Tool Network Relay
VS Code Dev Tunnels *.tunnels.api.visualstudio.com, *.devtunnels.ms

Additionally, GPOs can be configured to control access to Dev Tunnels, including the ability to disable the service. Refer to documentation from Microsoft to create policies to disable Dev Tunnels Windows hosts in the environment. Create exceptions for these network and host controls to allow hosts or users that use the feature for a legitimate business function.
Threat Forecast

Protocol tunneling has proven to be an effective technique used by threat actors to secure remote access to internal network clients. We predict, with high confidence, that the use of protocol tunneling tools will not decrease in the long term. Tools like ngrok and Plink have been used by threat actors for years and offer an easily deployable means to evade detection and establish persistent access to compromised systems. The growing adoption of encrypted traffic and the ubiquitous use of cloud services also provide a fertile ground for these tools to operate undetected. Additionally, the relatively new tunnel feature in VS Code offers arguably an even stealthier way to establish remote access. Because the software benefits from the trusted nature of Microsoft products, it is likely that its abuse will become more popular among threat actors.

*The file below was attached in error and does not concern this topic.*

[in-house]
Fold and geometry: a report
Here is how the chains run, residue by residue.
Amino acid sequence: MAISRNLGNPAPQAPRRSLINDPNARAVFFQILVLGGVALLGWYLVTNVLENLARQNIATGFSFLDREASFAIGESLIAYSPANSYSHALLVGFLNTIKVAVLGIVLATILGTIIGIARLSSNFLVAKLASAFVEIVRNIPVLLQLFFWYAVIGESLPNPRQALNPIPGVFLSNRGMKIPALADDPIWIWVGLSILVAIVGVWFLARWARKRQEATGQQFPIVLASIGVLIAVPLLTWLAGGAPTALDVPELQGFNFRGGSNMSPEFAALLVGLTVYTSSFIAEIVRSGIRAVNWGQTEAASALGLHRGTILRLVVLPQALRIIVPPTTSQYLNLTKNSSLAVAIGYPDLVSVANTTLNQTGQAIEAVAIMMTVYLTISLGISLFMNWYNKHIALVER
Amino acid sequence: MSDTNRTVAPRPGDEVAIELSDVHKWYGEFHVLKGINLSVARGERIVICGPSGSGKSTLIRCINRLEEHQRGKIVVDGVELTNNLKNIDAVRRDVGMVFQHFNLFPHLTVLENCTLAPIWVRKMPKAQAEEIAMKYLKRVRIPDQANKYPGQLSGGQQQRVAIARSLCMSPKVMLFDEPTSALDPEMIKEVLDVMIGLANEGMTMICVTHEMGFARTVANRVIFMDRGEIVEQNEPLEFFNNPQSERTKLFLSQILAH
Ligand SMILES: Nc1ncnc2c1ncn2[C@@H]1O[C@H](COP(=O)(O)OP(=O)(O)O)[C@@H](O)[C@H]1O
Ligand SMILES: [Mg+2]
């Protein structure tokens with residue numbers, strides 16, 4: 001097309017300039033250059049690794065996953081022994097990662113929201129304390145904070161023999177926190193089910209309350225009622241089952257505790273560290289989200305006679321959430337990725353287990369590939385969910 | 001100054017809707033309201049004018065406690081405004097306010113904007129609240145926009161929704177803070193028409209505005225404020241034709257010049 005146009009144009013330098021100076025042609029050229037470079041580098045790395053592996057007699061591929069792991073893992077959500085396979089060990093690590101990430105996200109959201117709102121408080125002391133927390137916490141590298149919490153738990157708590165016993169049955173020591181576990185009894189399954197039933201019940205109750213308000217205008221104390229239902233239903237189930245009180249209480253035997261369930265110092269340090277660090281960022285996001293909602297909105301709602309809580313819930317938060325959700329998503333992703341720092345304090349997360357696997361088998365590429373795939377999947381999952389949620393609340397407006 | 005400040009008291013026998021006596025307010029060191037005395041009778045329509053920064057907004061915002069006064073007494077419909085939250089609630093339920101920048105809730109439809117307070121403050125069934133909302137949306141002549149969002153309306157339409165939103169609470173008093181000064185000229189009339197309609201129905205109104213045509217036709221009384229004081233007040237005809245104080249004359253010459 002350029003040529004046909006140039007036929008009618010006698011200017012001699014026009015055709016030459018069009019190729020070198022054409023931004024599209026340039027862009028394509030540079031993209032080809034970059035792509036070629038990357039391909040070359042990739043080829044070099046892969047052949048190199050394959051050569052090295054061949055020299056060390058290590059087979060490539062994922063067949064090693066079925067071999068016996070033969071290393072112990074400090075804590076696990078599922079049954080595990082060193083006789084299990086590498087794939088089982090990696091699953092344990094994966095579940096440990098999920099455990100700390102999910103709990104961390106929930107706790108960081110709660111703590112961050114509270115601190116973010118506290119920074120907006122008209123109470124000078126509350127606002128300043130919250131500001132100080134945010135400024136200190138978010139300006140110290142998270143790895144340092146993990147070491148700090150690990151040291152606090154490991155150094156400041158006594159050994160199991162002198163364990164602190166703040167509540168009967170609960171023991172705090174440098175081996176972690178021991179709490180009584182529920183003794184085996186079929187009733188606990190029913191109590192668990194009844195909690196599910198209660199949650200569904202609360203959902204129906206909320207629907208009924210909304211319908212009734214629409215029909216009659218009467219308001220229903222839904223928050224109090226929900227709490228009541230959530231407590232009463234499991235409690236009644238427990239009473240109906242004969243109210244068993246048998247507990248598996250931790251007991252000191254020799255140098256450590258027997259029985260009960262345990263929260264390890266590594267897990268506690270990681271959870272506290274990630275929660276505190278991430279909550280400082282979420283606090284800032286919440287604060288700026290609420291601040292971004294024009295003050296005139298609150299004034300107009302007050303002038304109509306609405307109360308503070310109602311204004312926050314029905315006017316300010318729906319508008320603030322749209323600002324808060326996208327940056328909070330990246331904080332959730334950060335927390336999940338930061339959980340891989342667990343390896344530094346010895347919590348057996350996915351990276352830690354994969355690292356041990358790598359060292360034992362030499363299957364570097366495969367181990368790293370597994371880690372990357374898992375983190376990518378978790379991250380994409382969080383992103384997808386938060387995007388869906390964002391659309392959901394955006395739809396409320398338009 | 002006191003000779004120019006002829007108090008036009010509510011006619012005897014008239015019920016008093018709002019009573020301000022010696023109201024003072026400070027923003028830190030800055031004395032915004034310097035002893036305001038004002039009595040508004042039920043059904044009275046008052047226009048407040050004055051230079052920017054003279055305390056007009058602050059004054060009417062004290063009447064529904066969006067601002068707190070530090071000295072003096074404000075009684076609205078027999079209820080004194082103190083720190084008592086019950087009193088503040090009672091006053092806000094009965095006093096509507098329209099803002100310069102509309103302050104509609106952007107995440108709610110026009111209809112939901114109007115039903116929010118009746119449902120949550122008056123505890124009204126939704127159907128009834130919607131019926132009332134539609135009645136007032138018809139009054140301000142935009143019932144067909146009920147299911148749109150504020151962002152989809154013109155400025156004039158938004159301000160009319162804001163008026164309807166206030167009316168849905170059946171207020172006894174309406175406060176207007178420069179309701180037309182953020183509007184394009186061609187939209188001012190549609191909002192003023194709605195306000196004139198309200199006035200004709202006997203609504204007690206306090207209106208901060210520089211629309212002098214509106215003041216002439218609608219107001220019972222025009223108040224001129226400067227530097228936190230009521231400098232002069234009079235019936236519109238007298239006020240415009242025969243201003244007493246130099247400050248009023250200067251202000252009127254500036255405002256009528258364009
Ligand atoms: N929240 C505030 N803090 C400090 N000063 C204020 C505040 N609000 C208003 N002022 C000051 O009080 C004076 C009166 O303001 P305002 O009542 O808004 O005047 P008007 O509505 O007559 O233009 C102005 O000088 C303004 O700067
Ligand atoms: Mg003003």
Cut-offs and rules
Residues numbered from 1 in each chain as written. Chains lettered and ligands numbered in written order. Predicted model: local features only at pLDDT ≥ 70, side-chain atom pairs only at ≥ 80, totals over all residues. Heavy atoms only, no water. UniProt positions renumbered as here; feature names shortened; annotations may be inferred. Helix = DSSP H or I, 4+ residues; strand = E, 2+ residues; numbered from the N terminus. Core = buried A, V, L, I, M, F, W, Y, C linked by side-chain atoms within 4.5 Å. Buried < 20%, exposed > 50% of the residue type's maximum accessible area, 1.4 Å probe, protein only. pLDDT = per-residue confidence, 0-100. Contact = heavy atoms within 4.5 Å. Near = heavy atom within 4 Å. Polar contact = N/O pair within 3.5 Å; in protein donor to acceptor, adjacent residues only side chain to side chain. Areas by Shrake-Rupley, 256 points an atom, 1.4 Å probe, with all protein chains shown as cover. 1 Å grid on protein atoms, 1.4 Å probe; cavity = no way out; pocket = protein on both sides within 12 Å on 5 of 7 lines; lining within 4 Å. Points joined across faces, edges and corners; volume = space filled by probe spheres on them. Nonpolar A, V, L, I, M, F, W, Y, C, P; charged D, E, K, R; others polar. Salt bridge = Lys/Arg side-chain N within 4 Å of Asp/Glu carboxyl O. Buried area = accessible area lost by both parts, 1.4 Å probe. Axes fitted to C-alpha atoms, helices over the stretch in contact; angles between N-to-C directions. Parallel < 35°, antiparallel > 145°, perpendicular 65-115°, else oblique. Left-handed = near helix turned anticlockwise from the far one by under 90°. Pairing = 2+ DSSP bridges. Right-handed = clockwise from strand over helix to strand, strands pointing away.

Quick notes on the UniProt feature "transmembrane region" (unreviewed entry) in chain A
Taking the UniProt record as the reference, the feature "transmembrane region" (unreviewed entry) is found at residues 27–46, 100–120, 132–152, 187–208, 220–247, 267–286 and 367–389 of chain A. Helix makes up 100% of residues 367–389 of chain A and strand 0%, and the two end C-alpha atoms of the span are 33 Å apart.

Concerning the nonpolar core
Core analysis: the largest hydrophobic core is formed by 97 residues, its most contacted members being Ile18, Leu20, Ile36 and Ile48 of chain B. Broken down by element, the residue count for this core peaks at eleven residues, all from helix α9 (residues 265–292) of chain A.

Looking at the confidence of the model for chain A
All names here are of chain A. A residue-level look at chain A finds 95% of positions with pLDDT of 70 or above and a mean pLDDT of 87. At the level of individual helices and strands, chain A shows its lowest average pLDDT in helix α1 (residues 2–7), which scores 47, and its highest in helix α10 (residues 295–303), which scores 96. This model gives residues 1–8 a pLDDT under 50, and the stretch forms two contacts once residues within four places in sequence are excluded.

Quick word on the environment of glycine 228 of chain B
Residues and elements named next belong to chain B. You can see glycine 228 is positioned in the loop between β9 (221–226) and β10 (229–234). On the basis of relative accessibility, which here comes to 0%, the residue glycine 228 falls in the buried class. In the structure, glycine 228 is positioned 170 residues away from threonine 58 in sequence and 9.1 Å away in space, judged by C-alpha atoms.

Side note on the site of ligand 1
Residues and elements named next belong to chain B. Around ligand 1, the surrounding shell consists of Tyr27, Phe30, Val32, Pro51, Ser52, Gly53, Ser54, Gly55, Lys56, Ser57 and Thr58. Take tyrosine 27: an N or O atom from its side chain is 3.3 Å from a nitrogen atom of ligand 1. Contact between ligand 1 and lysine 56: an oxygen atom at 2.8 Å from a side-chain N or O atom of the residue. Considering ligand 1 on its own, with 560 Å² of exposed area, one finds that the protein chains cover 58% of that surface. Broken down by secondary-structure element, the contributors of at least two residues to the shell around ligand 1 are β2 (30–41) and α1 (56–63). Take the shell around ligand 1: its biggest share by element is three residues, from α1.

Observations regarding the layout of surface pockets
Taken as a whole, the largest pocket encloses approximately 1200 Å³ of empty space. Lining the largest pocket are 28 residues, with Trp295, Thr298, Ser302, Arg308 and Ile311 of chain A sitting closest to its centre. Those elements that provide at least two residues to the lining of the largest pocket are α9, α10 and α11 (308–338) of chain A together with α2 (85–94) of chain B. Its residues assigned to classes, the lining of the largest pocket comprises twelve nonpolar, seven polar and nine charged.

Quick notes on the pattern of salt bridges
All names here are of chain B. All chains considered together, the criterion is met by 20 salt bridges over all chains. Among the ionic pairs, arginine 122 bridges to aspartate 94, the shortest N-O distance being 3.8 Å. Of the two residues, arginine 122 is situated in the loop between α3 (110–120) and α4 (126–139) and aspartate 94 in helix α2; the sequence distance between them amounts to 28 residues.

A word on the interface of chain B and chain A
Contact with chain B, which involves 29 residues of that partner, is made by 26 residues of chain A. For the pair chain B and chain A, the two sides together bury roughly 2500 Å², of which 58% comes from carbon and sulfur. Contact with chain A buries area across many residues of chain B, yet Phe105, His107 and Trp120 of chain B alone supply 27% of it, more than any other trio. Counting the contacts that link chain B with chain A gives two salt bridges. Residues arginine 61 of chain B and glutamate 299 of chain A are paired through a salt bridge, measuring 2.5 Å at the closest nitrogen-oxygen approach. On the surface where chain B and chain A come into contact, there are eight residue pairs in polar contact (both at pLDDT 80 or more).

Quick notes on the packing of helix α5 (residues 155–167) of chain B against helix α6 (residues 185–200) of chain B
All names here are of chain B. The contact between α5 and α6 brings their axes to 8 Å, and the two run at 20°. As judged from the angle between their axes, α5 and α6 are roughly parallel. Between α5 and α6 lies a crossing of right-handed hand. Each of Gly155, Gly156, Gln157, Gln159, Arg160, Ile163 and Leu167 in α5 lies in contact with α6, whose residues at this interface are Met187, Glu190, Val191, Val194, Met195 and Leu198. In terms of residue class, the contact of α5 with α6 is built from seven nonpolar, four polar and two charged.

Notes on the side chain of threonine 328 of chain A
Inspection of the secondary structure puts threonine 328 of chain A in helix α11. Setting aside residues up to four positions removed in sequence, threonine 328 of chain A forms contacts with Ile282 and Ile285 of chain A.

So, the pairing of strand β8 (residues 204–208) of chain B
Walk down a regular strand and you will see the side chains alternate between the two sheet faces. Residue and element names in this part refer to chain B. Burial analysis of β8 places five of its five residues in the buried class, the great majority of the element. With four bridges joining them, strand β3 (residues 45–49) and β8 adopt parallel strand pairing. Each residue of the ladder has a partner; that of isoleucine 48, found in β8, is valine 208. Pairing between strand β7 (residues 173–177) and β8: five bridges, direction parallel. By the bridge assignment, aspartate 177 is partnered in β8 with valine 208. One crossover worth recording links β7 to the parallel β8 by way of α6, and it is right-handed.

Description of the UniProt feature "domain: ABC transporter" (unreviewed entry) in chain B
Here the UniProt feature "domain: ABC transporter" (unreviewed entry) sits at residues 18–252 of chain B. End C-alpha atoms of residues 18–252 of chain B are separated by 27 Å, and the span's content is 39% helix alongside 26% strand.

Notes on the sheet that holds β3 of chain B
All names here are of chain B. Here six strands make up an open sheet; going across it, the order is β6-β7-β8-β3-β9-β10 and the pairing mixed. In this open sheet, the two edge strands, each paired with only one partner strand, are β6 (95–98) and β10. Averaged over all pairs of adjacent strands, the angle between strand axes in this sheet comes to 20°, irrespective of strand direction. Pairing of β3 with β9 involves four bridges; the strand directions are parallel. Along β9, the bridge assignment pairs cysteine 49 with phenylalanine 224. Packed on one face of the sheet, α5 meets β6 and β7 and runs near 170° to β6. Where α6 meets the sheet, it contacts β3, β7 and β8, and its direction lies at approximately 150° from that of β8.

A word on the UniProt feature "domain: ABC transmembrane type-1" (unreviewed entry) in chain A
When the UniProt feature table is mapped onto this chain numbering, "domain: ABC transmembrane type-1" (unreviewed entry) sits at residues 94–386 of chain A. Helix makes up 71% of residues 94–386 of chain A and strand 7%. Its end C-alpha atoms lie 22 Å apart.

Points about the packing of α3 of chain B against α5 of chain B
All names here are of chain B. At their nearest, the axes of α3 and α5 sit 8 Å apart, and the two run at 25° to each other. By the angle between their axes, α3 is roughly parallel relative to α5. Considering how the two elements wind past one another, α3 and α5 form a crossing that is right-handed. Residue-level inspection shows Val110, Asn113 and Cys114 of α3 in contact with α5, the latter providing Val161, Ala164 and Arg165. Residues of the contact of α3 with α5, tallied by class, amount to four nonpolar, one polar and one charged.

What ReliaQuest Is Doing

To identify suspicious tunnelling, ReliaQuest offers the detection rules. These rules will alert defenders to suspicious activity related to protocol tunnelling. To remediate suspicious activity, associated GreyMatter Respond Plays can be executed by ReliaQuest customers or by the ReliaQuest team on a customer’s behalf.